Sermon Manuscript: Romans 2:6 (Part 4)
(This is a section of a manuscript of the first prepared sermon I ever preached, which was in 2009 at the Evangelical Church of Fairport.)
Romans 2:6, “He will render to each one according to his works…”
It is also true that some of the most selflessly loving acts are performed in secret. All the sacrifices, good deeds and secret works done on behalf of Christ will receive a reward. The greatest deeds that God delights in are those that are done by his servants when they have shut the door and are alone with him; when they have no other motive but to please him; when they intentionally avoid publicity, choosing the final praise of God over the immediate praise of men; when the right hand doesn’t know what the left hand is doing. It would be an injustice if such deeds were left out at the final judgment. This fact should be a great incentive for kingdom work. We strive for righteousness and make our bodies living sacrifices not to receive the praise of men but to hear the words of our precious Savior, “Come, you who are blessed by my Father, inherit the kingdom prepared for you from the foundation of the world.” (Mt. 25:34). The wise and diligent Christian lays up treasures in heaven, where neither moth nor rust destroys and where thieves do not break in and steal. (Mt. 6:20). The fervent believer runs the race so that he may obtain a prize (1 Cor. 9:24). The faithful servant will receive an imperishable crown (1 Cor. 9:25). What is done for Christ will last forever. “Watch yourselves, so that you may not lose what we have worked for, but may win a full reward.” (2 Jn. 8). Be diligent. Run the race. Fight the good fight, for your labors in Christ are never in vain. You will receive a reward that can never perish or be taken away when our king returns.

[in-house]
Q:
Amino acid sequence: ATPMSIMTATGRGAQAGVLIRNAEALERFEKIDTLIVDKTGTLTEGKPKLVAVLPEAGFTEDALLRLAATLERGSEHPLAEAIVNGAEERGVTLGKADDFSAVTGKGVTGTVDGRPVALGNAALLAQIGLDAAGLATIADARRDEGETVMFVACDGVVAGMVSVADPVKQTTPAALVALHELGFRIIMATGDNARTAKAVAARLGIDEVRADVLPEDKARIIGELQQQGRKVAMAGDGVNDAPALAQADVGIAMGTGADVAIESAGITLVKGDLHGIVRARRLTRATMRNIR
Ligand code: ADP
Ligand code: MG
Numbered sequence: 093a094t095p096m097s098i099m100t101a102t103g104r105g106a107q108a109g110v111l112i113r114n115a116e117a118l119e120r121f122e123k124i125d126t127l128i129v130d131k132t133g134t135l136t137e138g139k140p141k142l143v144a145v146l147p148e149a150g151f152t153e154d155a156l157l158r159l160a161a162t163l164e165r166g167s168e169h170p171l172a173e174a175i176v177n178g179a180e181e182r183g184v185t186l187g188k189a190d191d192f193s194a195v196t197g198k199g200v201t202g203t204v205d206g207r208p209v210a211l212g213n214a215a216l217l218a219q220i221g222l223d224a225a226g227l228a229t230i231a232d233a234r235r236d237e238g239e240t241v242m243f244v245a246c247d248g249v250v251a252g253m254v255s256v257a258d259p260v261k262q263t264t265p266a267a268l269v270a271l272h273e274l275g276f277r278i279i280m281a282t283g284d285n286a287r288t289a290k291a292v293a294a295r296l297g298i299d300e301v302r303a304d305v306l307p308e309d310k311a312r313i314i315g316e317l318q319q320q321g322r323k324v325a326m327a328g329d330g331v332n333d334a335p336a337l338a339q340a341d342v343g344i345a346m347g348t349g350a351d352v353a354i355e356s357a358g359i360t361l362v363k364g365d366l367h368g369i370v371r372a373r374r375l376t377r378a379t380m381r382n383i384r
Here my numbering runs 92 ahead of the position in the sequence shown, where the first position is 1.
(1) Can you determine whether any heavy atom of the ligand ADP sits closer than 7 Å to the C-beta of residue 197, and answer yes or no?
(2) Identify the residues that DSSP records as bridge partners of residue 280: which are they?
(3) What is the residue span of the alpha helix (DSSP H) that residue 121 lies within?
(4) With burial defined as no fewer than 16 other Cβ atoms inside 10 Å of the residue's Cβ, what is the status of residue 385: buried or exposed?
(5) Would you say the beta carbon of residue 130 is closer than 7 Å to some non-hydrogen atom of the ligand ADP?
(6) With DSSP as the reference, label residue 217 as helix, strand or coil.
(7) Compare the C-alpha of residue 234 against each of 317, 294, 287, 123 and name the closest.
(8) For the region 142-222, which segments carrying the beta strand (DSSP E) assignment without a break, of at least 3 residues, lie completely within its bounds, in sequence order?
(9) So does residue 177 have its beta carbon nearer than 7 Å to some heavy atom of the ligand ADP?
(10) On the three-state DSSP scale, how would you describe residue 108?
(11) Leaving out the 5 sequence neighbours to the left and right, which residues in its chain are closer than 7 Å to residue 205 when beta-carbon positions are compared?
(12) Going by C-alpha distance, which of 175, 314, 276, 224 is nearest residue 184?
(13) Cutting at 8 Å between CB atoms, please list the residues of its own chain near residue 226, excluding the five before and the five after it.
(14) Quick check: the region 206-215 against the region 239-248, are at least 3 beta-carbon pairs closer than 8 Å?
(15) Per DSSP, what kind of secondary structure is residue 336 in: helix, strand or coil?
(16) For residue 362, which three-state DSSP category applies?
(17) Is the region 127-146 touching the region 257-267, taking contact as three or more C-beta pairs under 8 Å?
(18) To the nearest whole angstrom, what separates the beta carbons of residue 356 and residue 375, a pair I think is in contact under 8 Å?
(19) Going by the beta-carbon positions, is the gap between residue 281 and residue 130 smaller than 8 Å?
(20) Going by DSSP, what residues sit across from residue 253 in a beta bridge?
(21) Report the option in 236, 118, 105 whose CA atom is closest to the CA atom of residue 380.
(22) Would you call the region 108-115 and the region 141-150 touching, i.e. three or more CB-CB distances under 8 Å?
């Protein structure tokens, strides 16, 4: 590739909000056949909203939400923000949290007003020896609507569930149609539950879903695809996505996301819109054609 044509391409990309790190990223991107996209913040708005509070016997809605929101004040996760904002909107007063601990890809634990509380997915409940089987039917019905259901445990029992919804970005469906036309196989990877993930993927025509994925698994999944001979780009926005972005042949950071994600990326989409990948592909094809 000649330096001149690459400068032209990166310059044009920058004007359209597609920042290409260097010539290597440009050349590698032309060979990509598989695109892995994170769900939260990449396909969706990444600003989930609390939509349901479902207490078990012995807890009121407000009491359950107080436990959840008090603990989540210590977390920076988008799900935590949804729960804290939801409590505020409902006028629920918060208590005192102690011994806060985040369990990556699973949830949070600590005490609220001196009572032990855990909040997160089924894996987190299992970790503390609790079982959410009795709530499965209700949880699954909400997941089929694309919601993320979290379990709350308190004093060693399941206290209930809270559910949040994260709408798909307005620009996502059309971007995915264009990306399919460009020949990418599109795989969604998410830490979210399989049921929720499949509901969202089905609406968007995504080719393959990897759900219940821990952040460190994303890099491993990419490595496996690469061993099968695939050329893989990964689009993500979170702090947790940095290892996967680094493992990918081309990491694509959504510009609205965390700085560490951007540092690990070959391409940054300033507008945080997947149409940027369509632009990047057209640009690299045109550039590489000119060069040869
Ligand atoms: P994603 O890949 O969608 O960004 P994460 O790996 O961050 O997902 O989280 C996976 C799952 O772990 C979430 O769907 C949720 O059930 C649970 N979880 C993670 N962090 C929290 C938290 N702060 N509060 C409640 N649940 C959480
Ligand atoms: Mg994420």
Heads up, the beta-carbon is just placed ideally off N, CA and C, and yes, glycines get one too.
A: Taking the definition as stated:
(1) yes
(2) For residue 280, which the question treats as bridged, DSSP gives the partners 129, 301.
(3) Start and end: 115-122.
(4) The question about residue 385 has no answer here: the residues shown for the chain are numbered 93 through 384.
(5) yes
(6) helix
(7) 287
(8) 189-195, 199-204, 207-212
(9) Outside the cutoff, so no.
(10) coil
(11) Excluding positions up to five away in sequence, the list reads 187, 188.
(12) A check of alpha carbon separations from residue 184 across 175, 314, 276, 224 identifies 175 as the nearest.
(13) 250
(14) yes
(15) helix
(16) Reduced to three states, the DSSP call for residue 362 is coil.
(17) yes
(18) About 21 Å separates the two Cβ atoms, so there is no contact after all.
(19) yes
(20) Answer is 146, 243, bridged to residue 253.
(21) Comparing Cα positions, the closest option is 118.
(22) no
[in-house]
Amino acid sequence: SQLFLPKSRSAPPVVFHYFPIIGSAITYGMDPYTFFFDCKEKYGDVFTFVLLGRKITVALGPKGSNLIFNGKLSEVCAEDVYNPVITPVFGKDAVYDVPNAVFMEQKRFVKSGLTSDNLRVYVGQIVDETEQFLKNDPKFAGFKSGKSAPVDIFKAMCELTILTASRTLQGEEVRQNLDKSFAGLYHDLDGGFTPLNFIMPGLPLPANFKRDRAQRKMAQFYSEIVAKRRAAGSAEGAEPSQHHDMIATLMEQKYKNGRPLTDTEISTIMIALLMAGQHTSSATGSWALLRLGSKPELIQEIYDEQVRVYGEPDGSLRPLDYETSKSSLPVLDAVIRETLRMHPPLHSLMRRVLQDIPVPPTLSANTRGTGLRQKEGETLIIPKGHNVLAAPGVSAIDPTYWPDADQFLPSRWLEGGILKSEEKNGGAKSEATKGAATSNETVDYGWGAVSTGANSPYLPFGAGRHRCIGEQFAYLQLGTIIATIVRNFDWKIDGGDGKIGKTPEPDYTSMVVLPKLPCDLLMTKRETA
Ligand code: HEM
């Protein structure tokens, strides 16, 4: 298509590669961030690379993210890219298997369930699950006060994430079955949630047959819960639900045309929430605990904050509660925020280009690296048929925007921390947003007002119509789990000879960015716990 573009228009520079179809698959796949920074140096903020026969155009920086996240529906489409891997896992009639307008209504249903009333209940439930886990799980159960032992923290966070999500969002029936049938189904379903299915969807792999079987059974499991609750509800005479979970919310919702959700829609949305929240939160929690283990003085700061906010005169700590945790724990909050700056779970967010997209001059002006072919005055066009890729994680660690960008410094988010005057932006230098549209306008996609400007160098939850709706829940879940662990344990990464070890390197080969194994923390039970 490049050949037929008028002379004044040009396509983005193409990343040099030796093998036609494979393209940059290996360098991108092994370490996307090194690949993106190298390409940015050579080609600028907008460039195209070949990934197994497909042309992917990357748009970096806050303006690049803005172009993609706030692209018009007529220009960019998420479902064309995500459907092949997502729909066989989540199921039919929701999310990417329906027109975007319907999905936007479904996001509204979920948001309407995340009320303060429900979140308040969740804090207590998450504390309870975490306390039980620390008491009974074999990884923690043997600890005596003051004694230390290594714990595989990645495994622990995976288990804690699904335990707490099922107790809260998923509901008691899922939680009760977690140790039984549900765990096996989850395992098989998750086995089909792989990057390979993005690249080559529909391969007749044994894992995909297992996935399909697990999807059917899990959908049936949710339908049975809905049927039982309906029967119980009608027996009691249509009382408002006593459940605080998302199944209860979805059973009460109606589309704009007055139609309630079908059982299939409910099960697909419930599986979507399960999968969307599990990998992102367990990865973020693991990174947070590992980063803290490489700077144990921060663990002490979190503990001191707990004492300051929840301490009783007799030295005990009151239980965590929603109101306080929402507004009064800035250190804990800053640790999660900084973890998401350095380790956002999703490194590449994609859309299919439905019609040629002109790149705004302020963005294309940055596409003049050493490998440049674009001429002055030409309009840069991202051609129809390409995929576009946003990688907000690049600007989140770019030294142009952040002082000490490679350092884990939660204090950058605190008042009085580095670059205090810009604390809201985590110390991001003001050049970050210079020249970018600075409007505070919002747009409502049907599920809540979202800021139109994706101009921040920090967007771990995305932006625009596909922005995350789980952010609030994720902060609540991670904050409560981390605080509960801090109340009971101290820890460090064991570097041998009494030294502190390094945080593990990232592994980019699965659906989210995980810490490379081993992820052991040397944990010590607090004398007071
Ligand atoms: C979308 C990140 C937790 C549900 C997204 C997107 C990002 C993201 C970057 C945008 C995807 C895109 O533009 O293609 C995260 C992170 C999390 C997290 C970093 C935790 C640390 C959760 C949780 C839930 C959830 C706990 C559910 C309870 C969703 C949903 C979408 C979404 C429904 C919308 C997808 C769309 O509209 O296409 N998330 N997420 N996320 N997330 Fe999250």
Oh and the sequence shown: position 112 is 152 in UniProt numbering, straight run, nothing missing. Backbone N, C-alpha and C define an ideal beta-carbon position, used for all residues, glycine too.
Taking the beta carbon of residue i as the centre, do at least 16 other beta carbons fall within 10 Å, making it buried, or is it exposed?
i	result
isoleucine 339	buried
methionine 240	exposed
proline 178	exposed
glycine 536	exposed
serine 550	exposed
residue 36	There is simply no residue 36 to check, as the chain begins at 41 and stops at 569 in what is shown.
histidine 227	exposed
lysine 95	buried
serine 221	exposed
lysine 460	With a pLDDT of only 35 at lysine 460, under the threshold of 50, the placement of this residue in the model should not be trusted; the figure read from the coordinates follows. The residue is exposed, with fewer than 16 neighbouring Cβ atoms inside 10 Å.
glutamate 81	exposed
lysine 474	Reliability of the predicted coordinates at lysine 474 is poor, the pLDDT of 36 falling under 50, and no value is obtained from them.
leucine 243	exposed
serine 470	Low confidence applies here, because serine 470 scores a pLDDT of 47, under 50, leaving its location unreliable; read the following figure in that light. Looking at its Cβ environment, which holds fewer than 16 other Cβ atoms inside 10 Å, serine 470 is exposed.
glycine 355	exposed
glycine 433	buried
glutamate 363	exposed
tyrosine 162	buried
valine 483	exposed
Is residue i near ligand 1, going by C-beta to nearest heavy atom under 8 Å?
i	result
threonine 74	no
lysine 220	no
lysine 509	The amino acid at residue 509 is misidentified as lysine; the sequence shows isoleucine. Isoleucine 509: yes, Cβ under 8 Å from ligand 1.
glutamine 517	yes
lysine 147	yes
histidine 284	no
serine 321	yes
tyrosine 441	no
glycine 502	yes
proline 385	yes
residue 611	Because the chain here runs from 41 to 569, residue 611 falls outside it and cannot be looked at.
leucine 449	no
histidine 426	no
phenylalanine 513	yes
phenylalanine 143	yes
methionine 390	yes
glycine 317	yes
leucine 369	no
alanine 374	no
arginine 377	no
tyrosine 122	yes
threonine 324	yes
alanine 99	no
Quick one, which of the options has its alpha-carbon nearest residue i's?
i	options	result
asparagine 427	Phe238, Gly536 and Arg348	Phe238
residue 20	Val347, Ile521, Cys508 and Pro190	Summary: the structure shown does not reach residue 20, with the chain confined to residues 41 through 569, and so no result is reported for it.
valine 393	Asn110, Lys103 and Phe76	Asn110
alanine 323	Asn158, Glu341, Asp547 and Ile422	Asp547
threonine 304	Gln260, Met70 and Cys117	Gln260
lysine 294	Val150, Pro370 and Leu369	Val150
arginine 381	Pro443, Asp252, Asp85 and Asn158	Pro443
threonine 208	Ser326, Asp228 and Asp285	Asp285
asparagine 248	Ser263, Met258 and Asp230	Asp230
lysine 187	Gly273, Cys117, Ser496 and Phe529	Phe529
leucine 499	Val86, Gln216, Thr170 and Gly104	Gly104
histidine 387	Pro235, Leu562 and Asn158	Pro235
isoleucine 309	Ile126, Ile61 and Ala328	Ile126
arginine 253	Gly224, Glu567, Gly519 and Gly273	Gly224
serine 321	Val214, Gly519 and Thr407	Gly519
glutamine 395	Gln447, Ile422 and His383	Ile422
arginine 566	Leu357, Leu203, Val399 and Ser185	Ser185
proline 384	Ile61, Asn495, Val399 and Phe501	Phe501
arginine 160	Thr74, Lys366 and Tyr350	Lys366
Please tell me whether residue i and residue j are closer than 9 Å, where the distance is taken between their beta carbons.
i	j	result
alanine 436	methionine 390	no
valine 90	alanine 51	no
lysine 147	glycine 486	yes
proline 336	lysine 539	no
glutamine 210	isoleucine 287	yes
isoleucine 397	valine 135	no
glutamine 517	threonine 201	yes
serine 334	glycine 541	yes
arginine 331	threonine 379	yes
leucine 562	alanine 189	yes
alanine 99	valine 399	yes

Now Scripture testifies that the final judgment is a public event. Jesus will return in glory surrounded by the host of heaven. As the judge he will summon all mankind (Mt. 25:32) and the dead will arise at His call (Jn 5:28-29), coming forth from their graves and even the oceans will give up the dead within them (Rev. 20:13). God has ordained the final day to be public for several reasons.
First, its public nature will glorify Christ. Our Lord who was publicly humiliated, condemned as a criminal and crucified will be publicly exalted and vindicated before the whole human race. Every mouth will be stopped and every knee will bow before Him.
Second, God has decreed that the secrets of men whether good or evil will be exposed in a very public manner. Every sinner will hear the story of his wicked life published to his everlasting shame. The public nature of the event is obviously intended to magnify the guilt, shame and dread of the occasion.
Third, the public nature of the event is also a vindication of the saints. Not only will God’s people witness the exposure and condemnation of their enemies and persecutors; the persecutors of faithful Christians, the skeptics and mockers of the truth, will witness the gracious exaltation of believers for the fruits of faith, the good works done in the body. It is a day when the tables are turned, when the humble shall be exalted, the meek shall inherit the earth and the wicked, the proud, and the boastful shall be abased. All who laughed at the truth will be publicly cast into hell.
Human history has a terminus point, a time of reckoning. God permitted a long age of rebellion. For thousands of years God has showed patience and longsuffering to a wicked world. He has blessed the wicked with sunshine, rain, food and delights of every kind (beautiful beaches, lovely sunsets, family, friends, sex, a good night’s sleep, great food, fun vacations, laughter and pleasure). But a day is coming when all rebellion will be crushed. For the unrepentant this life is the closest thing to heaven they will ever experience. There has been a long day for sinning; therefore, God has ordained a special day for judgment. The definitive victory over evil that Christ achieved at the cross becomes a perfected reality on that day when the sheep are forever separated from the goats. “Or do you presume on the riches of his kindness and forbearance and patience, not knowing that God’s kindness is meant to lead you to repentance? But because of your hard and impenitent heart you are storing up wrath for yourself on the day of wrath when God’s righteous judgment will be revealed.” (Rom. 2:4-5)